Emily Wells, unburdened 

Breathe in, breathe out

click to enlarge Emily Wells - SUBMITTED PHOTO
  • Emily Wells
  • Submitted Photo
When you walk into “Fossa” a forest of small white pines leads you back to a hut. When you walk into that hut, a reverberation of airy whispers, breaths and sounds bounce off the walls.

Those sounds are apart of the newest exhibition at Santa Fe's SITE gallery, a collaboration between Emily Wells and artist Amy Cutler. Wells’ contribution was the breaths bouncing off the walls.

Cutler invited her to develop the auditory installation to pair with her visual work, all centered around exploring the idea of burden.

“The person whose burdens I kept coming back to were my father’s,” says Wells when we reached her via phone in February.

Wells went to family members and friends asking about their own personal burdens. She then distilled the recordings so the only things left were the breaths, cries, and sighs between words.

“That was derived from conversations I had with people that I love, asking them to describe their burdens,” says Wells. “So then I took from those conversations only the breaths.”

The connection to her father has been on Wells’ mind a lot recently; it's highlighted on her newest album Promise — something created after thinking about family over the last three years.

Wells, who graduated from Pike High School in Indy, recalls when she was 17. She had just come out as queer. Shortly after, her father came out as well.

“It is tough for me to tell his story, I can really only say my side of things,” says Wells. “He was really figuring out his own place in the world and I happened to also be figuring mine out. I think there was a camaraderie in that, and still is … It was strange and shocking.”

RELATED: Read Scott Shoger's catch-up with Emily Wells from 2009

She went onto explain how close she and her father are, and how gender dynamics have always strayed a bit from the “norm” in her family. The idea of family can be heard throughout the entire album. Much of it was inspired by the artwork that Wells’ girlfriend makes, based around family and sexuality.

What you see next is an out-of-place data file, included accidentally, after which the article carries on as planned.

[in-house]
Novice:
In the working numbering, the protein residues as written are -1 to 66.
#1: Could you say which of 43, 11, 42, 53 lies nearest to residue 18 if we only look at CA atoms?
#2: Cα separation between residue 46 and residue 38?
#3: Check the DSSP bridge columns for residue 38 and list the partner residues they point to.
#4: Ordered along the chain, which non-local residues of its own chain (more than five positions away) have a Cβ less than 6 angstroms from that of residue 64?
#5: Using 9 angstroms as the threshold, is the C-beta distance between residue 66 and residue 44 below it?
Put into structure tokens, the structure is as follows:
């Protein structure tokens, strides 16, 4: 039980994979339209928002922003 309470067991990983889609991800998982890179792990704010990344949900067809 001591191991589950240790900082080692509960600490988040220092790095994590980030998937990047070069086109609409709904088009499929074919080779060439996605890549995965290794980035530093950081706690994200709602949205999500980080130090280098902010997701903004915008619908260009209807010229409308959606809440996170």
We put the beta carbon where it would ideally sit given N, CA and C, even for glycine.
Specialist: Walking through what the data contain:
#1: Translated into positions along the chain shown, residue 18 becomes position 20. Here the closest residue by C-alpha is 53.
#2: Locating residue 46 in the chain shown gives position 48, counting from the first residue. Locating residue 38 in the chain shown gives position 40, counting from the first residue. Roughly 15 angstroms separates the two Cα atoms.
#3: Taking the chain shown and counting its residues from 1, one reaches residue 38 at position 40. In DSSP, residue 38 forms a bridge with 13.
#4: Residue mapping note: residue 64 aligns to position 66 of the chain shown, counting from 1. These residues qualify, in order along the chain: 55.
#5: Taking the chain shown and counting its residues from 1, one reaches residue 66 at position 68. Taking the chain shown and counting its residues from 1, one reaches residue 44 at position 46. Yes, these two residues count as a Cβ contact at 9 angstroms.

“My girlfriend is a painter and a video artist,” says Wells. “She is always turning me onto so much and to making work that delves into that reality. I am always so amazed and influenced by her, especially during the making of this record.”

During the demo writing process she kept coming back to the idea of a chosen family.

click to enlarge Art for 'Promise' - SUBMITTED PHOTO
  • Art for 'Promise'
  • Submitted Photo
“I really believe in a commitment to friendship. We have such a culture of the nuclear family being the number one relationship, says Wells. I was really exploring the idea of what it means to be committed to our friends in a lot of the songs. I was thinking a lot about what it means to take risks — thinking a lot about the state of the planet. To me, those things, the more they start to become part of our lives, and ourselves, and people we love, that’s how anything is going to change.”

For Wells the relationship to the planet and how we approach our interactions with it came through in the lyrics when she first started recording for Promise.

“The idea of climate change seems so foreign, so I am trying to bring it into the personal,” says Wells. “Thinking about a new lexicon, how do we talk about it, how do we make it real?”

Wells will return to Indy for a hometown show at the Hi-Fi on Thursday. For her, it’s a nostalgic return to where music made a pivotal change in her life.

“[Coming back to Indy] doesn't feel like home because neither of my parents live there anymore, but it’s really comforting in a lot of ways,” says Wells. “You are just flooded with memories. Mostly I get there and I think, ‘Okay how long until I get to go to the Chatterbox?'

Wells confessed that she was underage when she used to go there, order a coffee and sit and listen to jazz. (It was our cover story on her that blew her cover. Sorry about that, Wells.)

“It was my first experience with live music that wasn't classical, that had nothing to do with my older brother’s interest in music,” says Wells. “It was mine.” 

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About The Author

Emily Taylor

Emily Taylor

Emily is the arts editor at NUVO, where she covers everything from visual art to comedy. In fact she is probably at a theater production right now. Before joining the ranks here, she worked for Indianapolis Monthly and Gannett. You can find her thoughts about Indy scattered throughout the NUVO arts section and... more

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